J. Endocr. (1986) 109,149–154

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T. Higuchi, K. Uchide, K. Honda, and H. Negoro

ABSTRACT

Developmental changes in levels of oxytocin in the blood and the pituitary gland and in oxytocin responses to oxytocin-releasing stimuli were investigated in the rat from the fetus close to term to the 40-day-old young adult. The oxytocin content of the pituitary gland rose gradually from fetuses of 21 days of gestation to 40-day-old rats. Pituitary oxytocin levels expressed in terms of body weight also increased up to day 25 after birth and declined slightly thereafter. In contrast, serum concentrations of oxytocin increased from day 21 of pregnancy up to day 5 after birth but were stable thereafter. Oxytocin levels in both blood and the pituitary gland were equal in 23-day-old fetuses and 1-day-old infants born on day 22 of pregnancy. There was no difference in serum and pituitary oxytocin levels in newborn pups and unborn littermates of day 22 or 23 of gestation. The i.p. injection of hypertonic saline induced a significant increase in serum oxytocin levels on day 5 and later, but no effect in the fetus on day 22 of gestation and in the 1-day-old infant. The responsiveness to the osmotic stimuli increased after 5 days of age. The i.p. injection of diethyl-dithiocarbamate, a noradrenaline synthesis inhibitor, or phenobarbitone was effective in raising blood oxytocin levels only in rats older than 10 and 20 days of age respectively. These findings, that a gradual increase in oxytocin levels in both blood and the pituitary gland without an apparent increase in its release and the absence of a pituitary response to oxytocin-releasing stimuli during the perinatal period, do not support a role for fetal oxytocin in the initiation of labour in the rat.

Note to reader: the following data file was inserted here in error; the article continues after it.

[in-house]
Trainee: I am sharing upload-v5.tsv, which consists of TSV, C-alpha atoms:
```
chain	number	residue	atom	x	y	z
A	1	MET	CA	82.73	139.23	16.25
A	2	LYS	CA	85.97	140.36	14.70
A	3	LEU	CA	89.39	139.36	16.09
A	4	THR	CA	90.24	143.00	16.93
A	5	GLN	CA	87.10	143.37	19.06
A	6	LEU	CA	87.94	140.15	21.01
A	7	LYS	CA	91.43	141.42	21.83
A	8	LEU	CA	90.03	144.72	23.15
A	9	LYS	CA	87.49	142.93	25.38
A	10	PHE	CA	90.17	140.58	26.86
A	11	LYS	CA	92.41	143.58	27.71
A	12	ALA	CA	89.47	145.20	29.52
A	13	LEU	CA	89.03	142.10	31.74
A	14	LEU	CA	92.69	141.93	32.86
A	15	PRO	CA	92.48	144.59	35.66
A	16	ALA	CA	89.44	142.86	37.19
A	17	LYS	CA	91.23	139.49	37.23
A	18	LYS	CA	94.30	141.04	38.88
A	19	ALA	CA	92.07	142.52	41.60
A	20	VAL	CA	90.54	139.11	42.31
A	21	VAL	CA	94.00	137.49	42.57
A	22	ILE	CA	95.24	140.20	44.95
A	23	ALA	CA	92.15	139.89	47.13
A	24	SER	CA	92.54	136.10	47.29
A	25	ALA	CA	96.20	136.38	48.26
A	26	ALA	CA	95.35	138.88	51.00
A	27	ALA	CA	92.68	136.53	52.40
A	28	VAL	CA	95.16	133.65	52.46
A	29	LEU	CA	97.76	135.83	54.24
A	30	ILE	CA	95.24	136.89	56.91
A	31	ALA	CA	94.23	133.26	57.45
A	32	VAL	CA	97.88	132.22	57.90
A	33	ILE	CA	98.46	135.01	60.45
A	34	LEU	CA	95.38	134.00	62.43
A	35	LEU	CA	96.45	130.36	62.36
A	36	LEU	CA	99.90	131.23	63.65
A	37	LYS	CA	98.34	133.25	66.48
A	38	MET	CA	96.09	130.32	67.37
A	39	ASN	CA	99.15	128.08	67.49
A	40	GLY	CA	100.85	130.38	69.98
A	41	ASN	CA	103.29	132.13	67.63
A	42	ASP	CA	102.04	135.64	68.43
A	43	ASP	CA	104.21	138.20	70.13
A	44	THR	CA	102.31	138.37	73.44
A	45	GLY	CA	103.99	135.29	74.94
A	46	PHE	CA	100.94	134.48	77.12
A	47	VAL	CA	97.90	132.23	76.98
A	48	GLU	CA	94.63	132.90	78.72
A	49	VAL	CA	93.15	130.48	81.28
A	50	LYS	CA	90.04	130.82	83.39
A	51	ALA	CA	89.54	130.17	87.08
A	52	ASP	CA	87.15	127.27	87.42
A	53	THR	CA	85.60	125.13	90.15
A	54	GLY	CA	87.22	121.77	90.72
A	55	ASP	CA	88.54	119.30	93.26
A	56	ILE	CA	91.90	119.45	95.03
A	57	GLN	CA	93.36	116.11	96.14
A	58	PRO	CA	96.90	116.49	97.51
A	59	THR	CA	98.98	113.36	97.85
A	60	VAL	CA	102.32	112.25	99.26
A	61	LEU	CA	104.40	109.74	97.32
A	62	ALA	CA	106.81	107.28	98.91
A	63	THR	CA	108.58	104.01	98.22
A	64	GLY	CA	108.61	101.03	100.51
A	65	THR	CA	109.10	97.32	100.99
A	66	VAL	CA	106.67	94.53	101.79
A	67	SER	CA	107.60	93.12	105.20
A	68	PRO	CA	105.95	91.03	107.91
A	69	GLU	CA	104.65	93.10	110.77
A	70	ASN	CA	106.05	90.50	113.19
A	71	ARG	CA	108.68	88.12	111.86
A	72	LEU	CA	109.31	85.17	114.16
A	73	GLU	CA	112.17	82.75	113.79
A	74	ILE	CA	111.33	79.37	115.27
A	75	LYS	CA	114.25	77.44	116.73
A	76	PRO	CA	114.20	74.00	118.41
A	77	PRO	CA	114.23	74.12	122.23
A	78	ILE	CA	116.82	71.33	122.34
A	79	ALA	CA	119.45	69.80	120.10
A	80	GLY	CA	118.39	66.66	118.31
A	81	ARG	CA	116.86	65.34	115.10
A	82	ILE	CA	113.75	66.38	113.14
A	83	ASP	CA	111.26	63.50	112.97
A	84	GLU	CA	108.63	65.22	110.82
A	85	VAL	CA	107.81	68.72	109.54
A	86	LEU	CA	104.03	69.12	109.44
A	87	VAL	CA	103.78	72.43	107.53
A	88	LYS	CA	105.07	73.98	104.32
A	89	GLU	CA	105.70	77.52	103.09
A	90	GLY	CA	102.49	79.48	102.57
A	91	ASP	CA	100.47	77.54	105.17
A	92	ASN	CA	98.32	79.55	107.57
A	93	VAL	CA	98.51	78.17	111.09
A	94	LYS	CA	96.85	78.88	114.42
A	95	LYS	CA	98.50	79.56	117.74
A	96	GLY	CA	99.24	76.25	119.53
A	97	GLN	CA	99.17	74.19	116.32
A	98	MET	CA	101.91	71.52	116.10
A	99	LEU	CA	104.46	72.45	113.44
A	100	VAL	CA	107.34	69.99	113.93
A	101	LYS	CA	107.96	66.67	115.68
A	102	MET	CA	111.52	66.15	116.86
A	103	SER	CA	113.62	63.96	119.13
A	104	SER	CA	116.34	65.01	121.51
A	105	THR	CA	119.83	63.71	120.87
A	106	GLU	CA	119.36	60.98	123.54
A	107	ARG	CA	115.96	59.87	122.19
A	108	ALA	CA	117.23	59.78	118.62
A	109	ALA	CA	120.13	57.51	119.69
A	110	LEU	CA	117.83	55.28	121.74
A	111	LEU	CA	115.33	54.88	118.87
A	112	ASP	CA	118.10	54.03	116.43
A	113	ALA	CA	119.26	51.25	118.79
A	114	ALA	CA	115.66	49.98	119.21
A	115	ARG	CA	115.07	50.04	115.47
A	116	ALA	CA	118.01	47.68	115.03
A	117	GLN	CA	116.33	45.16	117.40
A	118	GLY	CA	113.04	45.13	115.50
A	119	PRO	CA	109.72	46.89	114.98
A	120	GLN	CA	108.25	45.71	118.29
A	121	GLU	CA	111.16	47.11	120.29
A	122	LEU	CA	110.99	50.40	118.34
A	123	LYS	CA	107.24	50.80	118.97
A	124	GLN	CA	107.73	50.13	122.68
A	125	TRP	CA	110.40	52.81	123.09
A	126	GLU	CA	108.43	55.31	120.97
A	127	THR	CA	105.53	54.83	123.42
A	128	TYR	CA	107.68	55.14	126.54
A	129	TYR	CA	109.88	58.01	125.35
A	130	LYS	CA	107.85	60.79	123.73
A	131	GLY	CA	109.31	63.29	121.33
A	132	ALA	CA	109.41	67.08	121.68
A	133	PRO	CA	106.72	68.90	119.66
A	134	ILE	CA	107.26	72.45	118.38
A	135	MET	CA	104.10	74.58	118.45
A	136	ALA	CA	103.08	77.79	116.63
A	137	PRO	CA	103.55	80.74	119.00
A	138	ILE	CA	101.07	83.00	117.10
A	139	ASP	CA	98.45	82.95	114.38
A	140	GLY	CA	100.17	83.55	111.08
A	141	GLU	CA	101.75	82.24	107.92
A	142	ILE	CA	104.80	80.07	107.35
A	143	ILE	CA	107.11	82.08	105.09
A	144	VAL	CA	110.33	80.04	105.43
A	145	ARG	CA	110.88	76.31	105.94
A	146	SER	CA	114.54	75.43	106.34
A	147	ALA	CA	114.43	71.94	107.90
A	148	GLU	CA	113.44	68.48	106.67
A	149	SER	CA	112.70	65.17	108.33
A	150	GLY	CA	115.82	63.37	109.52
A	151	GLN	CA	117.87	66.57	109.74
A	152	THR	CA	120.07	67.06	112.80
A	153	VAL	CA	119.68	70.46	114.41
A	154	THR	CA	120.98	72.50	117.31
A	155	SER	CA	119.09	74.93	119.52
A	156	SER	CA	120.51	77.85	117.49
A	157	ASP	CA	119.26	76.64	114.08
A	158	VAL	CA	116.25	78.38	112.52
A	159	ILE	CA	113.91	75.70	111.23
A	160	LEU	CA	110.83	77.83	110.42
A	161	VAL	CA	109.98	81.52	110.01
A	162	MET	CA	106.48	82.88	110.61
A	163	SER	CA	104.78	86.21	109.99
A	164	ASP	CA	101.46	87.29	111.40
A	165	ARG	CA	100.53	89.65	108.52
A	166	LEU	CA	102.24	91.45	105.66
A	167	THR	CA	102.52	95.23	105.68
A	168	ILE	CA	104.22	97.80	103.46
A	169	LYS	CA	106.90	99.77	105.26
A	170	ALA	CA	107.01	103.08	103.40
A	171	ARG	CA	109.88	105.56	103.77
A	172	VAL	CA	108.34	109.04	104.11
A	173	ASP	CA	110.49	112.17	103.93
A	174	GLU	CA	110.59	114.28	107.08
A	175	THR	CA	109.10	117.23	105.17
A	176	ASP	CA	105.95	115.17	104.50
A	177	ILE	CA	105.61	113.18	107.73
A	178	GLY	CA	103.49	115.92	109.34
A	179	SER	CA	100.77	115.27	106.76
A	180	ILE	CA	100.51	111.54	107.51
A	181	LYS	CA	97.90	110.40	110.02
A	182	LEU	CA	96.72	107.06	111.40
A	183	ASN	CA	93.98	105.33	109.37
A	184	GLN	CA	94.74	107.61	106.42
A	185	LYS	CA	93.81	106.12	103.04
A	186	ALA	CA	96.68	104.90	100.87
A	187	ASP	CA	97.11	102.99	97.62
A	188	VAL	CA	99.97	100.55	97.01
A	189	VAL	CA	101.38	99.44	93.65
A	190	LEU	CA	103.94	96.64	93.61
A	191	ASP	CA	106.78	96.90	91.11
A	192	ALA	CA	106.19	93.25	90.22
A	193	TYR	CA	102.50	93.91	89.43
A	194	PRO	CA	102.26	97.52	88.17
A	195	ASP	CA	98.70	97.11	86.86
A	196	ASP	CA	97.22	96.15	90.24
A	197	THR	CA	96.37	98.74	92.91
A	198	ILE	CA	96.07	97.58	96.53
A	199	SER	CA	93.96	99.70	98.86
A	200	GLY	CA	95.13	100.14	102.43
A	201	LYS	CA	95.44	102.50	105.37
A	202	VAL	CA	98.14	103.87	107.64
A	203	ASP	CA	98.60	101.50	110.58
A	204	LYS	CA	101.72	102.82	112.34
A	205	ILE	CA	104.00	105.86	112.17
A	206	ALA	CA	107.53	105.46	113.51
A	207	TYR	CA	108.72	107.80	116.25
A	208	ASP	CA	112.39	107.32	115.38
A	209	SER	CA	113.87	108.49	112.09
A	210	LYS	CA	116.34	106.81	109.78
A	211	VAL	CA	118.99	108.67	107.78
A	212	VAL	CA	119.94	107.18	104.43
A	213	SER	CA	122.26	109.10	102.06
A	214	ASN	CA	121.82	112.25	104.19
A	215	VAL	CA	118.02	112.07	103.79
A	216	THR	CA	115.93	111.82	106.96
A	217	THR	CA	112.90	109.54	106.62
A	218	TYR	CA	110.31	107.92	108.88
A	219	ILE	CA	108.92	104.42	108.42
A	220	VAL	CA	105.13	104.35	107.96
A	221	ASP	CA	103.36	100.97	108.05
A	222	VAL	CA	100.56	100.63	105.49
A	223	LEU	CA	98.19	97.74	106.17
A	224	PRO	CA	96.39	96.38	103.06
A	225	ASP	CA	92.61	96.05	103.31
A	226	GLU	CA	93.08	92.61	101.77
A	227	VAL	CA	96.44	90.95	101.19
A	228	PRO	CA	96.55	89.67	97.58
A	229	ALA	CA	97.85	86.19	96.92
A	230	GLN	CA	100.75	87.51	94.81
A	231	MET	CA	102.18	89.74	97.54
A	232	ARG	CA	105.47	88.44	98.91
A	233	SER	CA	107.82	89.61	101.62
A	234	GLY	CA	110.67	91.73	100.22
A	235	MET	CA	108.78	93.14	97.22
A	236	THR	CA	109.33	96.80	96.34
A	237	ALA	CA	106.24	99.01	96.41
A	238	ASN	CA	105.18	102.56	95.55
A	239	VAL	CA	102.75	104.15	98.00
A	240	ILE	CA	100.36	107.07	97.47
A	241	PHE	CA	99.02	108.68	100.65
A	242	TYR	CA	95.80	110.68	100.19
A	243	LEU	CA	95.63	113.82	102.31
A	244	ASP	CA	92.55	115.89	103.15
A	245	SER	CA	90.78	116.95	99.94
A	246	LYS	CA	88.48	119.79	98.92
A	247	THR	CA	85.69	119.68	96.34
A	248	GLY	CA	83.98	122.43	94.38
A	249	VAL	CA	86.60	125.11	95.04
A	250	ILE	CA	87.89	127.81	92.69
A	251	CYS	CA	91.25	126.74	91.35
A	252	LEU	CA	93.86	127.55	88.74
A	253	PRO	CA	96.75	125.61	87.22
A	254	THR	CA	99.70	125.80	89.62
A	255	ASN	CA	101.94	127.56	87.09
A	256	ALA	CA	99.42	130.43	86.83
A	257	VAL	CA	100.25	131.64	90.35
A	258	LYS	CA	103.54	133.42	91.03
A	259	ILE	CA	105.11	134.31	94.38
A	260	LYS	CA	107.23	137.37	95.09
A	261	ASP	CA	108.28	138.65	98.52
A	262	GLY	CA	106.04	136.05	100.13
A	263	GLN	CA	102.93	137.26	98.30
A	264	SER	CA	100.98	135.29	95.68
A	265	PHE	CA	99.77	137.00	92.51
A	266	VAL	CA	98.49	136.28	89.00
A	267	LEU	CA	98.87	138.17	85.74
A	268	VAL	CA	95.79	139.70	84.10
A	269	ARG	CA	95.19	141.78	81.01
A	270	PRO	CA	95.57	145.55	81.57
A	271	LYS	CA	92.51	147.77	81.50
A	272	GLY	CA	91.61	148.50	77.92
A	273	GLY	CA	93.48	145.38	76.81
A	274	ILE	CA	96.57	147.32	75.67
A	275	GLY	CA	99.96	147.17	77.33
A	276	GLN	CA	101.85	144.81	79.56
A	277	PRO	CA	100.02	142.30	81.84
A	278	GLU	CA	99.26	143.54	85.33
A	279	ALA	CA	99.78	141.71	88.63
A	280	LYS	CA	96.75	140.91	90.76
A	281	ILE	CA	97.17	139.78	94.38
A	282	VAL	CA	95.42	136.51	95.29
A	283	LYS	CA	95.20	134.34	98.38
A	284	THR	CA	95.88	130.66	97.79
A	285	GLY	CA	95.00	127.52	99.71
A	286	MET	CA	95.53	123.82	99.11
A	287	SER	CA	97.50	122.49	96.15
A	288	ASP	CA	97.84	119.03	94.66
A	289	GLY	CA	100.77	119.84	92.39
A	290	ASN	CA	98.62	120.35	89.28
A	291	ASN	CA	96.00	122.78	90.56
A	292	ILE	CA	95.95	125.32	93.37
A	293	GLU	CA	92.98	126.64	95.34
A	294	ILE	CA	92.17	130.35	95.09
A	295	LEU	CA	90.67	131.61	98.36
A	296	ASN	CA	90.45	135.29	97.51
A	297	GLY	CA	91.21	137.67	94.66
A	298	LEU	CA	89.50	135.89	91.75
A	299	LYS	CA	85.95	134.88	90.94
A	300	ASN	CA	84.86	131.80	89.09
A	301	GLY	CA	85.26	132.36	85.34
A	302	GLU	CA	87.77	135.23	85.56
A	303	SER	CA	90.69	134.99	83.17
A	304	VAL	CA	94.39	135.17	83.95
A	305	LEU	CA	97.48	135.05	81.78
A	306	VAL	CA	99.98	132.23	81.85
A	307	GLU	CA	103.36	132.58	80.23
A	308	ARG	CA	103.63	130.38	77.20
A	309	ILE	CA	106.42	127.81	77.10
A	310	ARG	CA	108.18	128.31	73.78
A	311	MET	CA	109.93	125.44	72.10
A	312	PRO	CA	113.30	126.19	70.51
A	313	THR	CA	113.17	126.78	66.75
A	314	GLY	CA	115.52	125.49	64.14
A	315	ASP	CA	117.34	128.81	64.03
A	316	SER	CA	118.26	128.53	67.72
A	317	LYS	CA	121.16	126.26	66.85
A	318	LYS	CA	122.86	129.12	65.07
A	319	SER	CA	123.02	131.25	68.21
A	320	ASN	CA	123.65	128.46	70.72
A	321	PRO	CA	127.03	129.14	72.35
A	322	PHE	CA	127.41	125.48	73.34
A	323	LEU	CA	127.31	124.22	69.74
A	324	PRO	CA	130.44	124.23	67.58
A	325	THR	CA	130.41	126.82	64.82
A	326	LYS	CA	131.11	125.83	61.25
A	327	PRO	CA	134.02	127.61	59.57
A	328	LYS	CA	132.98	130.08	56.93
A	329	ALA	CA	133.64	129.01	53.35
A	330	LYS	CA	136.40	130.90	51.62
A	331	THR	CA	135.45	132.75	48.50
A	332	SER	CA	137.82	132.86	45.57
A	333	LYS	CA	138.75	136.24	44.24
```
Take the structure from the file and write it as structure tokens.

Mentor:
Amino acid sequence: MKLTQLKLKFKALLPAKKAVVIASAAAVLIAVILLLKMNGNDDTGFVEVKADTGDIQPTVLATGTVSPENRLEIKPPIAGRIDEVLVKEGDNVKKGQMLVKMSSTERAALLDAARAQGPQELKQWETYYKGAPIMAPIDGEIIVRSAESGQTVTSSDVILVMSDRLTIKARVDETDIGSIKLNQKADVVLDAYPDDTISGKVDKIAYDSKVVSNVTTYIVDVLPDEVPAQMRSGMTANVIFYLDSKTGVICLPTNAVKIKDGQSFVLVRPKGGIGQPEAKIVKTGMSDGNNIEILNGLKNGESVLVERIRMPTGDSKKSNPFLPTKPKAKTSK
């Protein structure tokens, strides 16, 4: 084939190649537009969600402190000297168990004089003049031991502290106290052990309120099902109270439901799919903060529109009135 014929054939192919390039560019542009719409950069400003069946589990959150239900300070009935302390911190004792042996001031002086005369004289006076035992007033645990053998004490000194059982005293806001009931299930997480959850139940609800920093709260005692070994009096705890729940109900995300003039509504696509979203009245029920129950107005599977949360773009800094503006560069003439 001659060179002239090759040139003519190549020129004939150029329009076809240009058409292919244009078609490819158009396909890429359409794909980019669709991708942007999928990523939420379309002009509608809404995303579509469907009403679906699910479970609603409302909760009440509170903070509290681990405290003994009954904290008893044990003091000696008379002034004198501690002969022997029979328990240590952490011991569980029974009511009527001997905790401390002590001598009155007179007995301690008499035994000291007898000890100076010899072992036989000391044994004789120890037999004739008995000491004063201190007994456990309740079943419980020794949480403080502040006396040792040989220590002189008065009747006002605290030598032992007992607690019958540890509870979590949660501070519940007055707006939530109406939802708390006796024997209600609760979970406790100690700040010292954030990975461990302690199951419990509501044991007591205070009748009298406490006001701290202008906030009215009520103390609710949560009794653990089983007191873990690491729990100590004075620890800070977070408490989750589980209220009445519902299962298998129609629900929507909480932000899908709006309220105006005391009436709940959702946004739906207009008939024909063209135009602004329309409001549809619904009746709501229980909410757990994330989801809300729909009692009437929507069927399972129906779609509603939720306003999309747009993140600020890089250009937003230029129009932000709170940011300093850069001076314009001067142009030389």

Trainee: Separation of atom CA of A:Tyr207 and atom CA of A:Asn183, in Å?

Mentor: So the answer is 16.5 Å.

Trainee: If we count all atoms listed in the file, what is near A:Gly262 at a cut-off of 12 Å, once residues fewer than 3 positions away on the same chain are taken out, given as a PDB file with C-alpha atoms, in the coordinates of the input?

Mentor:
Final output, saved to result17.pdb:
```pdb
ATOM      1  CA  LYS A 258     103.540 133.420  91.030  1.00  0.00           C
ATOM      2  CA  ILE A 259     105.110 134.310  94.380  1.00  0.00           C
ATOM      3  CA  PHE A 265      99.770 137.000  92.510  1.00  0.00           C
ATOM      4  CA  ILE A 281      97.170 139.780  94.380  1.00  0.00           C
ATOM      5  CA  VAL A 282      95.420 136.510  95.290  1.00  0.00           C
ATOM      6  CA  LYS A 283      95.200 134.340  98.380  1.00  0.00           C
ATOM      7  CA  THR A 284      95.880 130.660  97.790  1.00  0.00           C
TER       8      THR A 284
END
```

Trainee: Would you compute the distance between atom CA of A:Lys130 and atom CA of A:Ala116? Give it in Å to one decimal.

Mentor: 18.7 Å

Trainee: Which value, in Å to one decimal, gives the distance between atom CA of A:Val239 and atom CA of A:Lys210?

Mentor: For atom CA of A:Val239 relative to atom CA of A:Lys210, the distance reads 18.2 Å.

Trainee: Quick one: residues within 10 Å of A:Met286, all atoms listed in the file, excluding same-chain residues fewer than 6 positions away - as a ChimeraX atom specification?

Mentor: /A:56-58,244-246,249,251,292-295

J. Endocr. (1985) 106, 311–316

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T. Higuchi, K. Honda, S. Takano, and H. Negoro

ABSTRACT

The release of oxytocin in response to an osmotic stimulus and immobilization stress was compared in lactating rats 8–12 days after delivery and in non-lactating rats. Intravenous injection of hypertonic saline or immobilization stress induced an increase in blood oxytocin levels in both lactating and non-lactating rats, but the increment in the former was significantly lower than that in the latter. The lower responsiveness of oxytocin release to stress in lactating rats was not altered by ovariectomy 2 days after parturition. Oxytocin release induced by electrical stimulation of the anteroventral third ventricle (an osmoreceptive area), paraventricular nucleus and neurohypophysis was significantly lower, to a similar extent, in lactating rats compared with non-lactating rats. These findings indicate that the structural reorganization reported in the hypothalamo-neurohypophysial system may not function to facilitate release of oxytocin in response to stress and osmotic stimulus in lactating rats. The reduced responsiveness of the release of oxytocin is independent of the influence of ovarian hormones, and may be due to the low ability of the oxytocin neurone itself to release oxytocin, and/or due to the activated inhibitory influence on the oxytocin neurone in the lactating rat.

J. Endocr. (1988) 116, 225–230